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This lesson covers the topic of electric dipole and we will see some common properties related to the dipole

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very beautifully explained thanks sir
1. Electric Dipole: Electric dipole is a pair of equal and opposite charges separated by a very small distance. The electric field produced by a dipole is known as dipole field. Electric dipole moment is a vector quantity used to measure the strength of an electric dipole. p (q x 21) 2 1 The magnitude of electric dipole moment is the product of magnitude of either charge and the distance between the two charges. The direction is from negative to positive charge. The SI unit of p' is coulomb metre (C m)'. Note: An ideal dipole is the dipole in which the charge becomes larger and larger and the separation becomes smaller and smaller.

2. Electric Field Intensity due to an Electric Dipole: i) At a point on the axial line: Resultant electric field intensity at the point P is Ep=Eg-EA Ep = EA + EB The vectors EA and Ep are collinear and opposite. 2 p x 2 p x PIE Ifl << x, then X + 1)2 The direction of electric field intensity at a point on the axial line due to a dipole is always along the direction of the dipole moment 1 2 (q . 2) x 4TTE0 2 1212

3. ii) At a point on the equatorial line: Resultant electric field intensity at the point Q is Eg EB sin Q EAE Es cos. e The vectors EA and Ep are acting at an angle 20. EAcos E sin 4TTE (x2 +2 x2 +12 The vectors EA sin and EB sin are opposite to each other and hence cancel out. 4TTEo (x2+2) (x2+ 12 ) The vectors E, cos and EB cos are acting along the same direction and hence add up. x2 +2 )3/2 4TTE x2 +12)3/2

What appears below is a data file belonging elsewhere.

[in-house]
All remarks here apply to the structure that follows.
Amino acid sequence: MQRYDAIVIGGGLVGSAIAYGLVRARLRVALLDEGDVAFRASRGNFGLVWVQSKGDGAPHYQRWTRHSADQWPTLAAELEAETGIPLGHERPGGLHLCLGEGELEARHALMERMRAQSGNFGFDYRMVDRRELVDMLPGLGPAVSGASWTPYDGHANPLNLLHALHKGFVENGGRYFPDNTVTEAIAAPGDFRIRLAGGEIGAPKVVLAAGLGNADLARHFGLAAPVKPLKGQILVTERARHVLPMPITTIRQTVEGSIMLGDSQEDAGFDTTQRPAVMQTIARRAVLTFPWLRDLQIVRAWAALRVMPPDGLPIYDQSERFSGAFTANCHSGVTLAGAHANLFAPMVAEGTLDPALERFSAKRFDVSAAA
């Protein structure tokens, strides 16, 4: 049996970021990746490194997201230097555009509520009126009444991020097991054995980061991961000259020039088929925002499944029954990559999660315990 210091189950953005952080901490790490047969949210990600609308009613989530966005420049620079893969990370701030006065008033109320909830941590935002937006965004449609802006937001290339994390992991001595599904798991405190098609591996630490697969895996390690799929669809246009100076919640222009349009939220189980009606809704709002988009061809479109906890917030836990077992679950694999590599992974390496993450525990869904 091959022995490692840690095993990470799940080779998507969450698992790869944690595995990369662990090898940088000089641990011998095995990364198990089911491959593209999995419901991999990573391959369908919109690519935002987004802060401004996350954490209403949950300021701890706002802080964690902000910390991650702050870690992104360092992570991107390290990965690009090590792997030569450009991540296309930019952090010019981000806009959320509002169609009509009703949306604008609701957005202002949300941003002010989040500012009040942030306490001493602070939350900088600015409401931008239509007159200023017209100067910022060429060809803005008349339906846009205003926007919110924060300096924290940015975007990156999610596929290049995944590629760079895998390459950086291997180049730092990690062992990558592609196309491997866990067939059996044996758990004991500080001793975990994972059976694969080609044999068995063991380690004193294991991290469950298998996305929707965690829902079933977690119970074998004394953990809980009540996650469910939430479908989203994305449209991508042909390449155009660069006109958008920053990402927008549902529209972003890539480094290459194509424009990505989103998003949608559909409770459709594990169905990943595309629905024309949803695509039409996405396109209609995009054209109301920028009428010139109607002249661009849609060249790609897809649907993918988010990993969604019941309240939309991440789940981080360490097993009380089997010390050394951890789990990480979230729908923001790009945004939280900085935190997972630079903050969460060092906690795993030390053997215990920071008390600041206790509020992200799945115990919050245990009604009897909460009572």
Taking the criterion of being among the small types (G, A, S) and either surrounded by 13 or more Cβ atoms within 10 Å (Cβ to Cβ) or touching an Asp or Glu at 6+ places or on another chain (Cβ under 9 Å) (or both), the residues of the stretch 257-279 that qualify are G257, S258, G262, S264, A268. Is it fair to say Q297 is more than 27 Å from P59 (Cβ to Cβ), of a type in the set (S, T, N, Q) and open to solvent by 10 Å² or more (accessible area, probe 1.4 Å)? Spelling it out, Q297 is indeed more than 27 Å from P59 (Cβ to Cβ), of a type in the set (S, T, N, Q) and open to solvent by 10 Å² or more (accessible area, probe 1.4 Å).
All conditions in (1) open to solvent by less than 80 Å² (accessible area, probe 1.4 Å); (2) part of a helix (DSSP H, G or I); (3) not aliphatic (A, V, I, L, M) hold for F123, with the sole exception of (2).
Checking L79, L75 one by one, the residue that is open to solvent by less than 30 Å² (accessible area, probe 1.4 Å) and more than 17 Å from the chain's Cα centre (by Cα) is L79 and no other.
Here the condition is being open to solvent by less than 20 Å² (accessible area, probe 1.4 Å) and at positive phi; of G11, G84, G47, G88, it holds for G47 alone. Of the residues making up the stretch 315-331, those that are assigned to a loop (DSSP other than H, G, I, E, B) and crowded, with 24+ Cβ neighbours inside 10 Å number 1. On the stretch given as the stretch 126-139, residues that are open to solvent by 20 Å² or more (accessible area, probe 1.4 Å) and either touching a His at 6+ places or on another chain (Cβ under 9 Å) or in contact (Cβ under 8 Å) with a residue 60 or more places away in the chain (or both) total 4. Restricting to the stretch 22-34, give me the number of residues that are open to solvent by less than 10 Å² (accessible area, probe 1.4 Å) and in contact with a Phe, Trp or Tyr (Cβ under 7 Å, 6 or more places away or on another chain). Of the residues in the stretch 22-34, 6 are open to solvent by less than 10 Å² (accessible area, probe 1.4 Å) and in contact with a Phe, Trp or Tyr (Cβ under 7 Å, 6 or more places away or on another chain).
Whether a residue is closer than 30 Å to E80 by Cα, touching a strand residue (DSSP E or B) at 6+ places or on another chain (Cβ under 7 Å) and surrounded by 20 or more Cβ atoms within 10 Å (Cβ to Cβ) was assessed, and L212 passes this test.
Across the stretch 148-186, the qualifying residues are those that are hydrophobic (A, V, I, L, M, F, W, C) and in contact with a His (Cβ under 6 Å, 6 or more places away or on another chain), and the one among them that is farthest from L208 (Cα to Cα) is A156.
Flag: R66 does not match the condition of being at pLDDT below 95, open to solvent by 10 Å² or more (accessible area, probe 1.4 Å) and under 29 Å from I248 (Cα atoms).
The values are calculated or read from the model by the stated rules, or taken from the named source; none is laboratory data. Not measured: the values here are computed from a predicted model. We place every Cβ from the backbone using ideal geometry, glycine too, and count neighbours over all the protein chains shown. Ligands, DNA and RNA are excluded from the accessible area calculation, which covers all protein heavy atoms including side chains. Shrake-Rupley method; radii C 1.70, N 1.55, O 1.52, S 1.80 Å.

4. -2 1 4TTED(x212)32 i) Ifi << y, then EaR The direction of electric field intensity at a point on the equatorial line due to a dipole is parallel and opposite to the direction of the dipole moment. If the observation point is far away or when the dipole is very short, then the electric field intensity at a point on the axial line is double the electric field intensity at a point on the equatorial line. i.e. Ifi << x and I << y, then Ep 2 Eo

5. Torque on an Electric Dipole in a Uniform Electric Field: The forces of magnitude pE act opposite to each other and hence net force acting on the dipole due to external uniform electric field is zero. So, there is no translational motion of the dipole. However the forces are along different lines of action and constitute a couple. Hence the dipole will rotate and experience torque. Torque: Electric Force x distance t q E (2i sin ) = pEsin Case i: If = 0 , then t 0 . Case ii: If 90 , then t- pE (maximum value) Case iii: If -180 , then t- 0. Direction of Torque is perpendicular and into the plane containing p and E. Sl unit of torque is newton metre (Nm).

6. Work done on an Electric Dipole in Uniform Electric Field: When an electric dipole is placed in a uniform electric field, it experiences torque and tends to allign in such a way to attain stable equilibrium 21 W p E (cos0, cos e2) If Potential Energy is arbitrarily taken zero when the dipole is at 90, then P.E in rotating the dipole and inclining it at an angle is Potential Energy U--p E cos Note: Potential Energy can be taken zero arbitrarily at any position of the dipole. Case i: If e 0 , then U Case ii: If -90 , then U 0 Case iii: If 180 , then U- pE (Unstable Equilibrium) pE (Stable Equilibrium) END